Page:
You’re reading this, which means you’re trying to improve your life.

You found a few methods that don’t work for you.

And you’re ready to try again.

This is amazing and should be celebrated.

As NF Coach Matt explains in the video below, “self-compassion” is really important when attempting to fulfill New Year’s resolutions:


A LEGO scientist

So, you conducted an experiment with your goals for this year, and you did not get the results you were expecting.

That’s neither a good nor a bad thing. Like any other experiment, it just… IS. You had a hypothesis (“I am going to stick with THIS diet, and THIS workout plan”), and that turned out to not be true.

Great! That’s information we can use, my scientist friend.

Let’s write down specifically what your experiment entailed. 

What were you trying to do.

  • “I was going to run a mile each morning.”
  • “I was going to eat strictly Paleo every day.”
  • “I was going to transform into a mythical phoenix.”

Look at your list: this is a combination of variables that don’t work for you right now.

IMPORTANT POINT: Learning from the millions of people who have come through Nerd Fitness over the past decade, my guess is that your experiment didn’t work out for one of two reasons:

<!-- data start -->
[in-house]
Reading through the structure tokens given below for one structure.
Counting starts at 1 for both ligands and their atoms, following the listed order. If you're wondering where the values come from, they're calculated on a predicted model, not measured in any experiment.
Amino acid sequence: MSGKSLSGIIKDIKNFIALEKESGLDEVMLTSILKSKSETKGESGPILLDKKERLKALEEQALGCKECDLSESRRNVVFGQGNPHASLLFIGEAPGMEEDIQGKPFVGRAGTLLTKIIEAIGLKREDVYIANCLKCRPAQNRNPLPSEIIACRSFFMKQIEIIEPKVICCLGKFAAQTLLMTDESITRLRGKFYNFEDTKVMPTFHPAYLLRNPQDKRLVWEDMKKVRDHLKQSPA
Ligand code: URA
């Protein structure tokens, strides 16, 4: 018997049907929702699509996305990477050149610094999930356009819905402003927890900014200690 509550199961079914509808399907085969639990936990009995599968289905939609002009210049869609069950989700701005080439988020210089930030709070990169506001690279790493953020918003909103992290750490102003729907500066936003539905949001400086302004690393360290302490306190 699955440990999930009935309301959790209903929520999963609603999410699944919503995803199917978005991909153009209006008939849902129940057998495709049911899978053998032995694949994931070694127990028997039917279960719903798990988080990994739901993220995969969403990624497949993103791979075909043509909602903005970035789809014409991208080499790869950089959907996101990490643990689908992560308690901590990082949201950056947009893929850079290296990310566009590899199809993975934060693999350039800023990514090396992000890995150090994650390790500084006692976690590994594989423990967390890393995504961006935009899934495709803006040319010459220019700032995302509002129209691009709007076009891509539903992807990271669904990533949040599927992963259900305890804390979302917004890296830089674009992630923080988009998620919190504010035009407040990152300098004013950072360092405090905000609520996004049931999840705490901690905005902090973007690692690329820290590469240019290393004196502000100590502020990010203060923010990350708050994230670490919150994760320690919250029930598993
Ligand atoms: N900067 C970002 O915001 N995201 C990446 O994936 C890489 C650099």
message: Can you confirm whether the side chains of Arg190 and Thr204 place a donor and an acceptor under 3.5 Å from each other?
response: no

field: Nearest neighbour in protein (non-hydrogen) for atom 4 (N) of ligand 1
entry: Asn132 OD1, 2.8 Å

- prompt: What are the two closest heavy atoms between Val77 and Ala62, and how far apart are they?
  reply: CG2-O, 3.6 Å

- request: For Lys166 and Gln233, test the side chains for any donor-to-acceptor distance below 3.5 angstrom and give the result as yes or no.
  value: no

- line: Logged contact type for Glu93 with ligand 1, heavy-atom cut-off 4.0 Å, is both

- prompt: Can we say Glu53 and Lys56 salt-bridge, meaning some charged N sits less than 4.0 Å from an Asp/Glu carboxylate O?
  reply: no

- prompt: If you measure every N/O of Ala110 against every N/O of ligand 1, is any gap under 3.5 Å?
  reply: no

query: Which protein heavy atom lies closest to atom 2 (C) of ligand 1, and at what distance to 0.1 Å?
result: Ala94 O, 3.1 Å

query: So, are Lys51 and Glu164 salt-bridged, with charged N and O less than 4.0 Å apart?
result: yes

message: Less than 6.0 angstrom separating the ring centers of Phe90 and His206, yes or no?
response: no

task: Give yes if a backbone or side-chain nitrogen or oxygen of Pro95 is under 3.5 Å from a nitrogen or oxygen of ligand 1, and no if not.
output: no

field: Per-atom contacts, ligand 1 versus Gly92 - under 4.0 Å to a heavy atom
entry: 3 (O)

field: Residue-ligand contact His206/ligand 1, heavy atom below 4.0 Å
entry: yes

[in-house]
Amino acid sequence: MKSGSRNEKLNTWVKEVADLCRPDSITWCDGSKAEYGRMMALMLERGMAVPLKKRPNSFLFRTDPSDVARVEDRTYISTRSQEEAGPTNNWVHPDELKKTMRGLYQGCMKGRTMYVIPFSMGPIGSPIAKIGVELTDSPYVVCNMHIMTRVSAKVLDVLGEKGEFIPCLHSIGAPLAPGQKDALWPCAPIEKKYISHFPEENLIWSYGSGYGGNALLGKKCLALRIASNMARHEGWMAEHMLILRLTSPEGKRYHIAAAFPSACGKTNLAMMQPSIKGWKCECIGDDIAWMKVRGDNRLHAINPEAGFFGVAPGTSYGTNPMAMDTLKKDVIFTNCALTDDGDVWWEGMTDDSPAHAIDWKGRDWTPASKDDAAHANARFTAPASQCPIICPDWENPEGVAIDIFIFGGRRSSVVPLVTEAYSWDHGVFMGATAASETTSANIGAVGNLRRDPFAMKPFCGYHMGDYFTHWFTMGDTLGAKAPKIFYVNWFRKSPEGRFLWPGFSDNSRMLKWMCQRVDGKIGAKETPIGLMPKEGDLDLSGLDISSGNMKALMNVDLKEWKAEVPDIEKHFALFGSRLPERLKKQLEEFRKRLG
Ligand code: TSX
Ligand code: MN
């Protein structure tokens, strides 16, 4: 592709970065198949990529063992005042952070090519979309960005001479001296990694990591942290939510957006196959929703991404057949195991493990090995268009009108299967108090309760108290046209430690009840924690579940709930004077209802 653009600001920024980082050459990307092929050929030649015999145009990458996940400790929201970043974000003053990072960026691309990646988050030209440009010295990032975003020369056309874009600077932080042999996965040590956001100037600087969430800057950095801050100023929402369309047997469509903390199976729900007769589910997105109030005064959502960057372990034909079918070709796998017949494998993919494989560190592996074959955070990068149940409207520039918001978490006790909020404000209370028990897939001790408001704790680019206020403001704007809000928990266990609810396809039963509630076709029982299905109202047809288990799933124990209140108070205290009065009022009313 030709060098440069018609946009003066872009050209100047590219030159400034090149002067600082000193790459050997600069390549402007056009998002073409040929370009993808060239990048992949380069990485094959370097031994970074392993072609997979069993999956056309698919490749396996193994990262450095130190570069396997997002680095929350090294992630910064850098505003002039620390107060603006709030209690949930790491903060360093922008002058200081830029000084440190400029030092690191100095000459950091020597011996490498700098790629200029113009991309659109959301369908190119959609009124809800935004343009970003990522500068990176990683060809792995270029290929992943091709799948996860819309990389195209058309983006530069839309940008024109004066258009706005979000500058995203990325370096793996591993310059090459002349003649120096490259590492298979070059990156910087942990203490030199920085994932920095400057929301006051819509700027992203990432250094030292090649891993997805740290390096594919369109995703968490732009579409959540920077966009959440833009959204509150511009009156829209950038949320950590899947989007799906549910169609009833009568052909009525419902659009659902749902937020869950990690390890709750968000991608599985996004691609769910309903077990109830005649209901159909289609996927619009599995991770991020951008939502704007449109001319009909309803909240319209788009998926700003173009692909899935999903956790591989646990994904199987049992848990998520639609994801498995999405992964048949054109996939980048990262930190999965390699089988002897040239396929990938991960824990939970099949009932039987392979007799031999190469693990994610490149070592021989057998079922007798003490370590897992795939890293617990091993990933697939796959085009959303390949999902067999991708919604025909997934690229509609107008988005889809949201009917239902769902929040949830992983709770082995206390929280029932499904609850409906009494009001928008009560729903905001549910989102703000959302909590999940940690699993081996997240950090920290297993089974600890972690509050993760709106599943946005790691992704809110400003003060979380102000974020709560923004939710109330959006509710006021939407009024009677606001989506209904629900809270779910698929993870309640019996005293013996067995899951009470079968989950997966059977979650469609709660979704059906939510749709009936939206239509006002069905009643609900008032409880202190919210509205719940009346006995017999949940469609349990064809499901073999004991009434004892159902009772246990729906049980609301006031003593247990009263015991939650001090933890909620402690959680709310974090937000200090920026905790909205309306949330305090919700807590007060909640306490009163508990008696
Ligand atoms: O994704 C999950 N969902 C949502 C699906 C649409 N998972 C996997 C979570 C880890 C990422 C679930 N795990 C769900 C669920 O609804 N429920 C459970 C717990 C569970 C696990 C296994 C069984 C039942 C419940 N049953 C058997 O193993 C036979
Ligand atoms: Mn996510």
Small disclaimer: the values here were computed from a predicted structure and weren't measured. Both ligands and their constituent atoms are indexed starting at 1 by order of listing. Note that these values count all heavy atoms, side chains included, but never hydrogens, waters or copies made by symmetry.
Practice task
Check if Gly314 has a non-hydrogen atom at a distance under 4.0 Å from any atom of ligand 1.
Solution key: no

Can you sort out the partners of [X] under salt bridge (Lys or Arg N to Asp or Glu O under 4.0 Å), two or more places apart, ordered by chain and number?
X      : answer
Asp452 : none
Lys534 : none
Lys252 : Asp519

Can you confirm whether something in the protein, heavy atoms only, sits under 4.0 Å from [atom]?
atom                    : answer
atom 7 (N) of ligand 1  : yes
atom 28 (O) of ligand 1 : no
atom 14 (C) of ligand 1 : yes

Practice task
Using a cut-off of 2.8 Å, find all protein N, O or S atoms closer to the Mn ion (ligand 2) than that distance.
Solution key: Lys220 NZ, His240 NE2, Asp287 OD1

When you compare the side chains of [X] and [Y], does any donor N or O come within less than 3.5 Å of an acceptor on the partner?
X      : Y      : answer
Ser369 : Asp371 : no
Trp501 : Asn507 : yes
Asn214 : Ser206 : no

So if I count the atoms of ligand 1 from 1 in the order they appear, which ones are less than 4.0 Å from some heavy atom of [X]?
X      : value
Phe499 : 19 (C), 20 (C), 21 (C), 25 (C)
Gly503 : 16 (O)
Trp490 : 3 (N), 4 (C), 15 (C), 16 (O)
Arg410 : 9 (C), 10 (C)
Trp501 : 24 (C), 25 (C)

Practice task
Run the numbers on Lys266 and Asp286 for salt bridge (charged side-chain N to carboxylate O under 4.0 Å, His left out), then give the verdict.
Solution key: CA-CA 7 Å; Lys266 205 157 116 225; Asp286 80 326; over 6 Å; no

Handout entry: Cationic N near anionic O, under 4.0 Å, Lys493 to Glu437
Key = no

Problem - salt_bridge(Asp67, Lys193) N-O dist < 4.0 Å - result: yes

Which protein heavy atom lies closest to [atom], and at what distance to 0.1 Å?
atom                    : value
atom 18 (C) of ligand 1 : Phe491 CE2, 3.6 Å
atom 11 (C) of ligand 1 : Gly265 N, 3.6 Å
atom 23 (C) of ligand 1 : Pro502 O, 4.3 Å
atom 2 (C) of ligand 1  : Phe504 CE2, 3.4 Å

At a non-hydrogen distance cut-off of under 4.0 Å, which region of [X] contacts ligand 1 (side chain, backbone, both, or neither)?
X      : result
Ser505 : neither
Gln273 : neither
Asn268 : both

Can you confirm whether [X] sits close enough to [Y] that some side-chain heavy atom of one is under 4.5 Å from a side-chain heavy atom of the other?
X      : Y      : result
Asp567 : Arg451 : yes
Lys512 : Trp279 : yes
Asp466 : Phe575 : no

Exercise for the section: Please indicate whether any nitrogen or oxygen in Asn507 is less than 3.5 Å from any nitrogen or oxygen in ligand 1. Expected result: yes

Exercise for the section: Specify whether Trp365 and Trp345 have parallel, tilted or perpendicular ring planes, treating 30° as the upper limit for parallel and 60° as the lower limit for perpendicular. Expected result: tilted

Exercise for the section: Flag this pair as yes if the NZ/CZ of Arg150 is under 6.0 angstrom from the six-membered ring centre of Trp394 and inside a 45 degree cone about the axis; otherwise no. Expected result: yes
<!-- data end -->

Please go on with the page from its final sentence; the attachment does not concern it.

#1) You built an idealized goal for a romanticized view of life:

Life is chaos, and we all have a lot going on. When we expect to have a beautifully organized schedule, our kids won’t get sick, and work won’t run late…we’re setting ourselves up for failure.

And when we set our expectation at “perfect adherence to the plan,” one missed day can be enough to derail our progress completely.

Fortunately, as John Steinbeck wrote, “Now that you don’t have to be perfect, you can be good.” Perfection is a trap, so we’re instead going to focus on being pretty good, most of the time.

We need a plan that fits into the chaos that is life, and is not built for a perfectly clear schedule! Those don’t exist.

#2) You tried to change ALL the things:

  • Your goal was 1,800 calories a day instead of your normal 3,000.
  • You tried to run 7 days a week when you don’t exercise at all now.
  • You said you were going to write 5,000 words a day but don’t write normally.

Instead of changing all the things completely or not changing anything, what if we changed a few things, a tiny bit?

We’re never going to get everything done, certainly not all at once. So like a video game, we need to stop trying to fight 10 level-100 dragons at the same time when we’re a wimpy level-1 wizard!

We need to pick ONE target, that’s our level, and then as we level up and get stronger, tackle bigger monsters.

So, let’s try to do less with our next experiment, okay? It’s better to laser-focus on building ONE new skill than it is to attempt to change so many things at once that we end up in the same place we started!


You’re reading this guide, which would lead me to believe you’re interested in trying to lose weight, build muscle, and/or get in shape.